- Insiders at Signature Bank offloaded $100 million of its stock in the 3 years leading up to the crypto-focused lender’s collapse, the WSJ reported.
- Those who sold the shares included the bank’s chairman, former CEO and his successor, according to the report.
- Signature’s collapse marked the third-largest bank failure in US history after SVB’s implosion.
While the failed Signature Bank was pivoting its business in recent years to become more crypto-focused, some top executives were slashing their stakes in the company, according to a Wall Street Journal report.
Insiders at the lender offloaded $100 million of its stock in the 3 years leading up to its collapse last month in what was the third-largest bank failure in the US after Silicon Valley Bank folded up just days before.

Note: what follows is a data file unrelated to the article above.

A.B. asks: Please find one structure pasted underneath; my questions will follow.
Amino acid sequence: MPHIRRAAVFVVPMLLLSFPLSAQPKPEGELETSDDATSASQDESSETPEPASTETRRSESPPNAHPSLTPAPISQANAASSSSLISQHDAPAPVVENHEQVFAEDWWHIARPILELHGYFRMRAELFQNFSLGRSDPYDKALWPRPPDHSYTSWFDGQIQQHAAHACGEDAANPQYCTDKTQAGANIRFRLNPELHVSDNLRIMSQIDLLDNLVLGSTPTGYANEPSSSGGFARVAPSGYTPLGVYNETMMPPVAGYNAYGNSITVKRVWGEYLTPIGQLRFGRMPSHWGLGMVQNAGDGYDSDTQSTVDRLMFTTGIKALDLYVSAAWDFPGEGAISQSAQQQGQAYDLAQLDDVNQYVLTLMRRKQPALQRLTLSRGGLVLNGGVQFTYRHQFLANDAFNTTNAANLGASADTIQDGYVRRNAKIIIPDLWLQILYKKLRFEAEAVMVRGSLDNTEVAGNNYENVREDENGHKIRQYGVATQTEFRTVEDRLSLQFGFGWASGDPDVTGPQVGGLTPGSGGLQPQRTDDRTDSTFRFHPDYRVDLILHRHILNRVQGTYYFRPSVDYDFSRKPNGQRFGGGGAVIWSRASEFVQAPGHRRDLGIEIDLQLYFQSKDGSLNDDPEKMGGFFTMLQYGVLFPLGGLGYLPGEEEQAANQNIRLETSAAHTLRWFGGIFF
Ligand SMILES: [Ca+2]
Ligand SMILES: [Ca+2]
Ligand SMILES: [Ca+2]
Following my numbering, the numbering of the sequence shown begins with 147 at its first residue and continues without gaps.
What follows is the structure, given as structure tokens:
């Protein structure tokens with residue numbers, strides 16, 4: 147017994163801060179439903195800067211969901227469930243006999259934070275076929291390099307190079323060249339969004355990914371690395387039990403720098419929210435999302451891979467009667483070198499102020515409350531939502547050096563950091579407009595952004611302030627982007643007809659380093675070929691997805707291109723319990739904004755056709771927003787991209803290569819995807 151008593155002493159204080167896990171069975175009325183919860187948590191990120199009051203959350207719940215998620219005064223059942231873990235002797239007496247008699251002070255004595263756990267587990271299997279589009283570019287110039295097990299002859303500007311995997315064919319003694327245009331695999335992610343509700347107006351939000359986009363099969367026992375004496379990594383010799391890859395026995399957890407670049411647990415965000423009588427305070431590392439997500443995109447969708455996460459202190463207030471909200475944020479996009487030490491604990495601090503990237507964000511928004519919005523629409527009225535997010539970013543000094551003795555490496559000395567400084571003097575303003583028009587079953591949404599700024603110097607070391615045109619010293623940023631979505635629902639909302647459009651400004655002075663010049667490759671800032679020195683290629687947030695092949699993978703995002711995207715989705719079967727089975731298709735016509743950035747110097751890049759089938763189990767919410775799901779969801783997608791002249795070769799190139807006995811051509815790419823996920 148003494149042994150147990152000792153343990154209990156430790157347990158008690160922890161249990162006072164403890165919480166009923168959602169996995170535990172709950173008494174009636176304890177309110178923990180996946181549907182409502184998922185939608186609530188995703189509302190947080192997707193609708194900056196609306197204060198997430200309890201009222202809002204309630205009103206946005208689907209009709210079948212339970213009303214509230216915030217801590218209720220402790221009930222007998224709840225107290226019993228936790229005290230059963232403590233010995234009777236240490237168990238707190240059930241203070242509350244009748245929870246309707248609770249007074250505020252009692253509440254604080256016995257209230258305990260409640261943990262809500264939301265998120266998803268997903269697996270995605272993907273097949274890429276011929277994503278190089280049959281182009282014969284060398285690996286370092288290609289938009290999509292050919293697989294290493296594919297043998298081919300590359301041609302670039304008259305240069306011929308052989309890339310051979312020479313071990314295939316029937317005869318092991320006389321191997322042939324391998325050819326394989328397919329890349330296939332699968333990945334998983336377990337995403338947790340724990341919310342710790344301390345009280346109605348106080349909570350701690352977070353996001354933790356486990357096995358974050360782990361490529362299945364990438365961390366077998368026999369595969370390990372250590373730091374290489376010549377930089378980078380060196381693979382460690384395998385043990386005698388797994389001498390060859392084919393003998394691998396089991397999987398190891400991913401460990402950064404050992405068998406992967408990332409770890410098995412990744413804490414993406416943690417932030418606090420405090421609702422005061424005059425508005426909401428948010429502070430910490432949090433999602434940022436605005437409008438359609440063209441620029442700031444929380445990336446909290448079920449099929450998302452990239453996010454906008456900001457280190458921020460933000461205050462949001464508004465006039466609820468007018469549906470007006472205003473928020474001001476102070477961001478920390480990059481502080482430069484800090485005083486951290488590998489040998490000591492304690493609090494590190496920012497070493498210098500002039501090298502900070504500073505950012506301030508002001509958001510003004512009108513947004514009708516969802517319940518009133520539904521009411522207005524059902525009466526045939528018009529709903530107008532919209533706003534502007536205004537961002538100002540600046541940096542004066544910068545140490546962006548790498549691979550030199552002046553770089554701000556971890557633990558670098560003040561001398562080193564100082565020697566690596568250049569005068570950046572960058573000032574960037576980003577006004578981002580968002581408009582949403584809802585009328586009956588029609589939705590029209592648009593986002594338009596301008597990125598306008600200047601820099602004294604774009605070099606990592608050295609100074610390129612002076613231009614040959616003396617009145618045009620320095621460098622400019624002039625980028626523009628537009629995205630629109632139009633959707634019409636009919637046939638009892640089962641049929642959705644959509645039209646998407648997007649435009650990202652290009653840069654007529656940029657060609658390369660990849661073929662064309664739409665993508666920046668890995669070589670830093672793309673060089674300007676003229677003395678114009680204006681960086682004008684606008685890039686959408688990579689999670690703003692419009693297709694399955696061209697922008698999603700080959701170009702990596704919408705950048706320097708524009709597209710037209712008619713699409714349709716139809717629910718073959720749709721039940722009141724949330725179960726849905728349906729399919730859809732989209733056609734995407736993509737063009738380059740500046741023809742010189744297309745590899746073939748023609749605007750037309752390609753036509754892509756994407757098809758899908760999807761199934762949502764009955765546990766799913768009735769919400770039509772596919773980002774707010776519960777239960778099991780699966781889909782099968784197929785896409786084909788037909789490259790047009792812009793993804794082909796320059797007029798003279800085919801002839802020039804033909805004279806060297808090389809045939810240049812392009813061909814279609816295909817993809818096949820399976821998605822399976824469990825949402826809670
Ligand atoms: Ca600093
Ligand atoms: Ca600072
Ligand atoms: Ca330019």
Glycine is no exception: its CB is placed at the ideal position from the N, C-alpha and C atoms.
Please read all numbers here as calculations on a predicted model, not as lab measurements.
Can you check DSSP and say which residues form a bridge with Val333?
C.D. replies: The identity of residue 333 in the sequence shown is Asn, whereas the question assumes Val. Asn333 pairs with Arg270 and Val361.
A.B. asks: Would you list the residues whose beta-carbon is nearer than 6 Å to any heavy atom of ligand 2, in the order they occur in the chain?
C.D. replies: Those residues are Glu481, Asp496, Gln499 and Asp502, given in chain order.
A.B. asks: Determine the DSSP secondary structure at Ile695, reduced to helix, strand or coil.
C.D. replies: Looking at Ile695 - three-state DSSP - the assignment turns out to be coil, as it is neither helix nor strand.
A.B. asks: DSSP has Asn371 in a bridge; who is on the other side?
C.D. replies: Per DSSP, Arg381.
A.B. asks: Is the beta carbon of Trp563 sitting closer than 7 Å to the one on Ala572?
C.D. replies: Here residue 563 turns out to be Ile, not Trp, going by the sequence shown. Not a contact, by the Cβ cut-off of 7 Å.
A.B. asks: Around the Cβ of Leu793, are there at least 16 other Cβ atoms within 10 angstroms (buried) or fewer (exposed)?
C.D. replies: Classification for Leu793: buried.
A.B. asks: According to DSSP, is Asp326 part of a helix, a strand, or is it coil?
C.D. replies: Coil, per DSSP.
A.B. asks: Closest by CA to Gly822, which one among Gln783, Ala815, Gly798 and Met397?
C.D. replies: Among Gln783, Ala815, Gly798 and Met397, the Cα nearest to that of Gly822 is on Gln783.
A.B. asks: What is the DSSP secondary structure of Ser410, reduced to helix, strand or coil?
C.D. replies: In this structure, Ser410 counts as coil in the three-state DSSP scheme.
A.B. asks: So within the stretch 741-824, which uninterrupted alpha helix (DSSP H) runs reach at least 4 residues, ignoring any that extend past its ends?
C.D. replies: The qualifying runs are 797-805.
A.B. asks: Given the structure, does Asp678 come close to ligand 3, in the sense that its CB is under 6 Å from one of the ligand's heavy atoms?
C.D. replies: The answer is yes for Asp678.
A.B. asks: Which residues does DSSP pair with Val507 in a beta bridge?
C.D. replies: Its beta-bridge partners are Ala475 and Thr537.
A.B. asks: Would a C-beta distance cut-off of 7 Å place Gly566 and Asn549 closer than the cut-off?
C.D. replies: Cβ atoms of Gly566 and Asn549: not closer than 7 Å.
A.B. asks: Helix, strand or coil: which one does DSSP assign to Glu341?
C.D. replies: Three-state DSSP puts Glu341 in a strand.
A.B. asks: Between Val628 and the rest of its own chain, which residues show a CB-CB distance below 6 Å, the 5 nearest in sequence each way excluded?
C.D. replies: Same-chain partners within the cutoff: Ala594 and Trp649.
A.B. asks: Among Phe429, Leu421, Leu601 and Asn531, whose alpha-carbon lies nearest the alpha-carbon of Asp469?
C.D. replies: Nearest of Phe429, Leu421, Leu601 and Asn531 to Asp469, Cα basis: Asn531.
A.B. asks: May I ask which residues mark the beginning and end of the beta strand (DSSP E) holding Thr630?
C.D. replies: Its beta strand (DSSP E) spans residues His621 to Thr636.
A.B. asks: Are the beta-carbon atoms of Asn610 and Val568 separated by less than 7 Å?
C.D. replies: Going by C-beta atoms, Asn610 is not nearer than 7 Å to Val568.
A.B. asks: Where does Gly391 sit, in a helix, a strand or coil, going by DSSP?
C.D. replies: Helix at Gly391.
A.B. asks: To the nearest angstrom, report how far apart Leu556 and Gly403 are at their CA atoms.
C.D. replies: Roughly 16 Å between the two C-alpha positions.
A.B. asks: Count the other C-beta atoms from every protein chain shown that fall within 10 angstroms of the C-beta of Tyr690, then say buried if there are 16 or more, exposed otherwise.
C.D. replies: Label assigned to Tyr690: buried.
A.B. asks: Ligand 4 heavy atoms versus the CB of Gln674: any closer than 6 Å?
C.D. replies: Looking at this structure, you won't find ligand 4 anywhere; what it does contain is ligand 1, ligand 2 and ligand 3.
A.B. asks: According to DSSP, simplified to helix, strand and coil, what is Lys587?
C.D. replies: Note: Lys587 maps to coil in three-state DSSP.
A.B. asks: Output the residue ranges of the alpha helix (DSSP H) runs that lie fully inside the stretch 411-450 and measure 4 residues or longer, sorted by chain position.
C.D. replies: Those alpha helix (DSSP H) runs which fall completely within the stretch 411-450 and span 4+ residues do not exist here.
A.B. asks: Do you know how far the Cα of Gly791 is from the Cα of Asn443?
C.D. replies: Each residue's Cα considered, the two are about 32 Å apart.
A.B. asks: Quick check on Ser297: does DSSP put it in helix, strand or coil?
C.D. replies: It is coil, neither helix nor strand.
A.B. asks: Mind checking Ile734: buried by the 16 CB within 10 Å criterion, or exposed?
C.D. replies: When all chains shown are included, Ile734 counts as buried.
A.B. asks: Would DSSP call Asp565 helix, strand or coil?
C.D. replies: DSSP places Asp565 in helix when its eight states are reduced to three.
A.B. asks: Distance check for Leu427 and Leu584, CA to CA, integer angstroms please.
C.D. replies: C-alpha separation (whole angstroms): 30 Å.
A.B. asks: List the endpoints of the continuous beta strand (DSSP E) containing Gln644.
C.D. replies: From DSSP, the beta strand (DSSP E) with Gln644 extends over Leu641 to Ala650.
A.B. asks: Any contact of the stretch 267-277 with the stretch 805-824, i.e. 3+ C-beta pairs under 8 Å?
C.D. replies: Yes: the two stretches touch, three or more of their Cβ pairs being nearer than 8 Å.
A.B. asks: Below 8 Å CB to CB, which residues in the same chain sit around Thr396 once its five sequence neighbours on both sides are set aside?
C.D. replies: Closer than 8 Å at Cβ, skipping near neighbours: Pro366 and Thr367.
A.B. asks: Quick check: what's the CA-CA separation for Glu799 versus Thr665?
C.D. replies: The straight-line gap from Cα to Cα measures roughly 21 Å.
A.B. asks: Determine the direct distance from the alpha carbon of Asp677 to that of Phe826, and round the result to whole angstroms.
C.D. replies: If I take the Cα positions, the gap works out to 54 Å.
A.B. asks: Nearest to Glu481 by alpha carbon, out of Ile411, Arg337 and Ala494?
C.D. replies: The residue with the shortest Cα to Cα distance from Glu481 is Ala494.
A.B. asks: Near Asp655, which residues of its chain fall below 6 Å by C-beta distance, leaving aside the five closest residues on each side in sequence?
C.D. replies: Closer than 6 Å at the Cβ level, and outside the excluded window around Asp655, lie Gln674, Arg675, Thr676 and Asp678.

About half of those sales were by Signature’s chairman Scott Shay, the bank’s former chief executive officer, as well as his successor, the WSJ reported. These executives were all part of the board committee that oversaw the crypto-focused bank’s risk profile, it added.
Insiders at the bank cashed in $70 million from share sales in 2021, doubling the amount offloaded from the year before, according to the newspaper. Signature bank’s shares surged 140% in 2021, boosted by an uptick in deposits thanks to the large inflows into the cryptocurrency industry at the time, the report said.
The bank was seized by regulators in New York on March 12, following the failure of SVB and Silvergate Bank.